Syrian rebels depart Homs
The fighters' leaving the city, their former stronghold, is a victory for Assad.
BEIRUT - Carrying their rifles and belongings, about 1,200 exhausted Syrian rebels and civilians were evacuated Wednesday from the fighters' last remaining strongholds in the heart of Homs, surrendering to President Bashar Assad a bloodstained city that was once the center of the revolt against him.
For Assad, it is a powerful victory ahead of presidential elections. For the rebels, the dramatic exit after two years of enduring grueling assaults and siege captures their sense of abandonment amid the world's reluctance to help shift the balance of power on the ground.
It was a bitter moment for the exhausted rebels, who had pledged to fight to the end in Homs. With food and medicine short, a first major group - around 1,400 people, including fighters and residents - evacuated earlier this year in a U.N.-mediated operation.
"We ate grass and leaves until there was nothing left for us to eat," said opposition activist Abu Yassin al-Homsi, who was preparing to leave with the rebels later Wednesday. "We kept urging the international community to lift the siege but there was no response."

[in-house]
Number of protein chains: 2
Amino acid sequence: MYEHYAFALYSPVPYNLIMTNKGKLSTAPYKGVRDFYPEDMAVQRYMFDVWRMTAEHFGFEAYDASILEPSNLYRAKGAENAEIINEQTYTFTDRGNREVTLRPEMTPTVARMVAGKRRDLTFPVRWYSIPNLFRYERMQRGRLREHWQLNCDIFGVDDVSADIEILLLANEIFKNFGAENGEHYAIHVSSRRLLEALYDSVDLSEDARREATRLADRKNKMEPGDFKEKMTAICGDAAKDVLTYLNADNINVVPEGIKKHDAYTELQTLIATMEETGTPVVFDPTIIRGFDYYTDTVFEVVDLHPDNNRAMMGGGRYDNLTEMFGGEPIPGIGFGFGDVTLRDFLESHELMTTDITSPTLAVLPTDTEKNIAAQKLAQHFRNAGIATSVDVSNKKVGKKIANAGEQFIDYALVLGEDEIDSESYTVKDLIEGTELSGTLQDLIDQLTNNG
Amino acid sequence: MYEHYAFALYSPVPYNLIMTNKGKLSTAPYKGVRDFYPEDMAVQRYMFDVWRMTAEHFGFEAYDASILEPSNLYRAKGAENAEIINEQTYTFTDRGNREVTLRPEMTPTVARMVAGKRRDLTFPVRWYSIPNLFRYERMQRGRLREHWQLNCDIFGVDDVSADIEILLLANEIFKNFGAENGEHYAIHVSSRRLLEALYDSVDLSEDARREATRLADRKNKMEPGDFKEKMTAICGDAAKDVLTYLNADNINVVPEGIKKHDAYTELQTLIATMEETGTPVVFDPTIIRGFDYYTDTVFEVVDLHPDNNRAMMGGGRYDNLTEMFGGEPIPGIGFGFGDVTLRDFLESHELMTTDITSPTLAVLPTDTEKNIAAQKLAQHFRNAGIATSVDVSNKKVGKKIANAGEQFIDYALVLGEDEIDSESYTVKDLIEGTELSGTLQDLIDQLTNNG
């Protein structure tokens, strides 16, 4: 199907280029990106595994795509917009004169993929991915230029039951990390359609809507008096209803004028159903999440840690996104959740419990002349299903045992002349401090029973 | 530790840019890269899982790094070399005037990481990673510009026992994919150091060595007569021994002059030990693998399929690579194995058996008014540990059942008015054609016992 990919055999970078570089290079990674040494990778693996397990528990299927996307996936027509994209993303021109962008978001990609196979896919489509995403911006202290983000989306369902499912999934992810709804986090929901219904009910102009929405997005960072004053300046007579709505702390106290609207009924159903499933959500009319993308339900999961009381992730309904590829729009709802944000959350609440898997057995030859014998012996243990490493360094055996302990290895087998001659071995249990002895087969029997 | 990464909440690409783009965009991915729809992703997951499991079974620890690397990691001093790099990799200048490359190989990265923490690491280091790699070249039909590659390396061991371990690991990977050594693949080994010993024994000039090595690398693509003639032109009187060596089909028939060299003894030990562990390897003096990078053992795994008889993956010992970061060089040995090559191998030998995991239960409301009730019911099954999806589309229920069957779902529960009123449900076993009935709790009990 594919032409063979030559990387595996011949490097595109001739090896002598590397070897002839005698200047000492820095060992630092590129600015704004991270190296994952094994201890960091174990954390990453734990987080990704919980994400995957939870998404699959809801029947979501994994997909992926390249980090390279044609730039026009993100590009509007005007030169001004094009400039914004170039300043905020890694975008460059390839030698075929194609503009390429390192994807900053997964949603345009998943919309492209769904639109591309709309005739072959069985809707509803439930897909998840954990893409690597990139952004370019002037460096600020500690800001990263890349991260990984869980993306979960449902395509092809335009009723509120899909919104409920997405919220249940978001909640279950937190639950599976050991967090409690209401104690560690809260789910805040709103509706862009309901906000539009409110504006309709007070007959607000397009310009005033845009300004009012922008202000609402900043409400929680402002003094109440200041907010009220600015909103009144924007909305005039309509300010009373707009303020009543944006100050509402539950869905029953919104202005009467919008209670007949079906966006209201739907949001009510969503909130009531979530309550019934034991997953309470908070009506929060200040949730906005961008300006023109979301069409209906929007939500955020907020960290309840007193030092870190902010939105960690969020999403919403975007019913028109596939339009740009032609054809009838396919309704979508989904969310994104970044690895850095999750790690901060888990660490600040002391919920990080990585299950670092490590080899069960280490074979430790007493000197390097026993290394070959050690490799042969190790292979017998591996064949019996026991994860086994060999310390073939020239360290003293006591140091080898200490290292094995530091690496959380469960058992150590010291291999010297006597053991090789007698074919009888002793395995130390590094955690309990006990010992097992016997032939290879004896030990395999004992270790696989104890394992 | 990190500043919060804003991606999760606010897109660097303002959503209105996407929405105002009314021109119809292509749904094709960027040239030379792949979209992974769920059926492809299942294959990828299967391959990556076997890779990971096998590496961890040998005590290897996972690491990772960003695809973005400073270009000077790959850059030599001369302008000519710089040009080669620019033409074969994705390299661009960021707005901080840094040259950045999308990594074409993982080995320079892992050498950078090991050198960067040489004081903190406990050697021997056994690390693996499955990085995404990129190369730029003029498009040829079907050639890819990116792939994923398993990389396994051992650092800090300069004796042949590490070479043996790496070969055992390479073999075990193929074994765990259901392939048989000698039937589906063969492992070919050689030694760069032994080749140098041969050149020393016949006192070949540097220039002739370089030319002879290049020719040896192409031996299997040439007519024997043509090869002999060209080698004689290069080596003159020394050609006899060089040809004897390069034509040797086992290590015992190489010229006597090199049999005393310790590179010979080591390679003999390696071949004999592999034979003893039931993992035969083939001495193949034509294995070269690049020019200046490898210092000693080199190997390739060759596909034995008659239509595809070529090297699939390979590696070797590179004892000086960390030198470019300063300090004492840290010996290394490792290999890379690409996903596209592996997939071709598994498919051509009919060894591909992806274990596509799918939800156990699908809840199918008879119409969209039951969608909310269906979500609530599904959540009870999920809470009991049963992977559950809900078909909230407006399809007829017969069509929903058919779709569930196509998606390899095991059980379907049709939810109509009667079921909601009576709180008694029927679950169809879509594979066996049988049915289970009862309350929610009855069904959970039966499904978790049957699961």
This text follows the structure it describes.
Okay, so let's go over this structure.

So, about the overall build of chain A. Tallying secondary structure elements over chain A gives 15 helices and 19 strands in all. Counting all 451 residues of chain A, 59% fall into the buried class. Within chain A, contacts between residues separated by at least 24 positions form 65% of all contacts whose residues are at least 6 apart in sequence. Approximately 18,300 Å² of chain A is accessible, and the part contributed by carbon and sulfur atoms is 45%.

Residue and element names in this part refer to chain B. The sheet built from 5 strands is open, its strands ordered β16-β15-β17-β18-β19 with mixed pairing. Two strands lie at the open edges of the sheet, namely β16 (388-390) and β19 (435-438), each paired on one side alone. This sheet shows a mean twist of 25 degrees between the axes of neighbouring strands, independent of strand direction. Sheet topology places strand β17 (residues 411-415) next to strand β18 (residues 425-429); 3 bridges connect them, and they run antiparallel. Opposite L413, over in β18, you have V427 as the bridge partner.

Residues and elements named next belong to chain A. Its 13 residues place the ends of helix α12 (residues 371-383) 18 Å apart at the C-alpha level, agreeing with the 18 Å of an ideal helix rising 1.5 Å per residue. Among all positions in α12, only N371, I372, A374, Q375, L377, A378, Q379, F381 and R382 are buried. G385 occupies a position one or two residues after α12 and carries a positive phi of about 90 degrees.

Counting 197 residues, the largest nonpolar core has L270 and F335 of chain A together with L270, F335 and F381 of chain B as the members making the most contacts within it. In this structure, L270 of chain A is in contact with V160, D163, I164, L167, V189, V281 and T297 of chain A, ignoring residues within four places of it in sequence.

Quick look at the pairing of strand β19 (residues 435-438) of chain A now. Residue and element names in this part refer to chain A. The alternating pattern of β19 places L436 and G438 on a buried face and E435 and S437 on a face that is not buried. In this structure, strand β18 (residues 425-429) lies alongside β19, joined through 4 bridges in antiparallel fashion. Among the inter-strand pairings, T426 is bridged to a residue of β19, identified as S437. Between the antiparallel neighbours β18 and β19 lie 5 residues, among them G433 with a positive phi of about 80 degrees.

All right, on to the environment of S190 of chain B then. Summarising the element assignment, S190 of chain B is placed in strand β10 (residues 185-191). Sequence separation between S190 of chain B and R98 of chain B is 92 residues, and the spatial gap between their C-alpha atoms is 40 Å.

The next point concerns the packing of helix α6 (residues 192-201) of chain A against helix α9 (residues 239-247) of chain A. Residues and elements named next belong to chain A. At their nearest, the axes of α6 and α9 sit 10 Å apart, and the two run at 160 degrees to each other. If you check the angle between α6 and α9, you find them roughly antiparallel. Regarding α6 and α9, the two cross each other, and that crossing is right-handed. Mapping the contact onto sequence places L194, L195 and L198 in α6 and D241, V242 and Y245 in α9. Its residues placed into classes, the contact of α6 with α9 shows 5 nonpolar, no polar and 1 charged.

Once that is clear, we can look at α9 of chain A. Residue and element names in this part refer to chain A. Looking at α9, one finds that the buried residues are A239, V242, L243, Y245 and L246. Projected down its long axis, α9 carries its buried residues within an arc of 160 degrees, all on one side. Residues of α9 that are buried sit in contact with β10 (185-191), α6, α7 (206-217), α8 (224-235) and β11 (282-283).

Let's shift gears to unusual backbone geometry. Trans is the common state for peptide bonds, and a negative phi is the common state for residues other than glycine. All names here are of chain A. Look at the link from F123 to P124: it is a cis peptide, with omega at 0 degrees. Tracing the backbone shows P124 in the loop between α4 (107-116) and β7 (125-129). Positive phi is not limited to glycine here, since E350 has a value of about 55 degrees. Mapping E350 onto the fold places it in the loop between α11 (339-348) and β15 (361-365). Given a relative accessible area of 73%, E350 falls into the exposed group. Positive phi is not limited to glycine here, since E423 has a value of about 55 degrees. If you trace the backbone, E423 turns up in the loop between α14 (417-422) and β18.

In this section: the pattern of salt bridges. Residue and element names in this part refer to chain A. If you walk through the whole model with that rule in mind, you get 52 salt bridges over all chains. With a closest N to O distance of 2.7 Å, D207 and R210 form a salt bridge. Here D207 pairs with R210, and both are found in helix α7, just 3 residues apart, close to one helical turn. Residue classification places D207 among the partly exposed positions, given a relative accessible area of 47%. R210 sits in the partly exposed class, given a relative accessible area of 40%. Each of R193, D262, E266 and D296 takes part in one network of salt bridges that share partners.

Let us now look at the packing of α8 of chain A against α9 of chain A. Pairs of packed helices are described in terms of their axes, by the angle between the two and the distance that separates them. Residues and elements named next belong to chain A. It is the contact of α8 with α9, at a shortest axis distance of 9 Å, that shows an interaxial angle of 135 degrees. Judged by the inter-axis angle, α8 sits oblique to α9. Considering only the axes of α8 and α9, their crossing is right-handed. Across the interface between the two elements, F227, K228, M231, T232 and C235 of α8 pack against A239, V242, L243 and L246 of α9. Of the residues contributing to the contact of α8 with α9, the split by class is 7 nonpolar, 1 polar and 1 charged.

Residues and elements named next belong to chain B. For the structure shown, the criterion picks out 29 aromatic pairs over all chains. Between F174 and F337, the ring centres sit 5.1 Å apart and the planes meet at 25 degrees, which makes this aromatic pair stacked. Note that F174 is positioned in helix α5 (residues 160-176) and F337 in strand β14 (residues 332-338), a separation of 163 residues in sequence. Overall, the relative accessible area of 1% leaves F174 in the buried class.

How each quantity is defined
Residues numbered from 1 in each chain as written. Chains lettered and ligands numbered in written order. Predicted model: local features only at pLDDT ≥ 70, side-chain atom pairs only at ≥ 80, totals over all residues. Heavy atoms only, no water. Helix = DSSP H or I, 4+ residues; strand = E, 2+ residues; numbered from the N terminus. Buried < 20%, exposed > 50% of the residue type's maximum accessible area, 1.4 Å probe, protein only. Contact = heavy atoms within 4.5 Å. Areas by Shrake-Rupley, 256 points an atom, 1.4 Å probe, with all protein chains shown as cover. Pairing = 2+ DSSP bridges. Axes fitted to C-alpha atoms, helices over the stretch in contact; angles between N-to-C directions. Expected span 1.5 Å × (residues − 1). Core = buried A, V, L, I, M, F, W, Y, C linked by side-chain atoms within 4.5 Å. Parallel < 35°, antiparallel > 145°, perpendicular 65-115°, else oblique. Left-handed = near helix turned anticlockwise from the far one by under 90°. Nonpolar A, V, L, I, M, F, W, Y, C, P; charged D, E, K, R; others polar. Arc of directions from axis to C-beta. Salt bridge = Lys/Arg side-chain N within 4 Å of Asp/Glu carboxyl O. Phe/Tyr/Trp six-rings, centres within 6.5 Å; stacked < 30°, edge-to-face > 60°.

The exit marks a de facto end of the rebellion in the war-shattered city. Homs, with a prewar population of 1.2 million was among the first to rise up in early 2011 with waves of exuberant anti-Assad protests. As Syria's conflict turned into outright civil war, rebels took control of nearly 70 percent of Homs, whose population represents Syria's mix - a largely pro-rebel Sunni majority and a pro-Assad Alawite minority, along with Christians and other religious and ethnic minorities.
The city quickly came under a series of crushing government offensives, turning into a battleground that left entire blocks and much of its historic quarters in ruins. Thousands of people were killed and almost all its residents fled.
Gaining virtually full control of Syria's third largest city is a major win for Assad on multiple levels. Militarily, it solidifies the government hold on a swath of central Syria, linking the capital Damascus with government strongholds along the coast.
Politically, gains on the ground boost Assad's hold on power as he seeks to add a further claim of legitimacy in presidential elections set for June 3, which Western powers and the opposition have dismissed as a sham.
Syrian officials say the vote will only be held in government-controlled areas.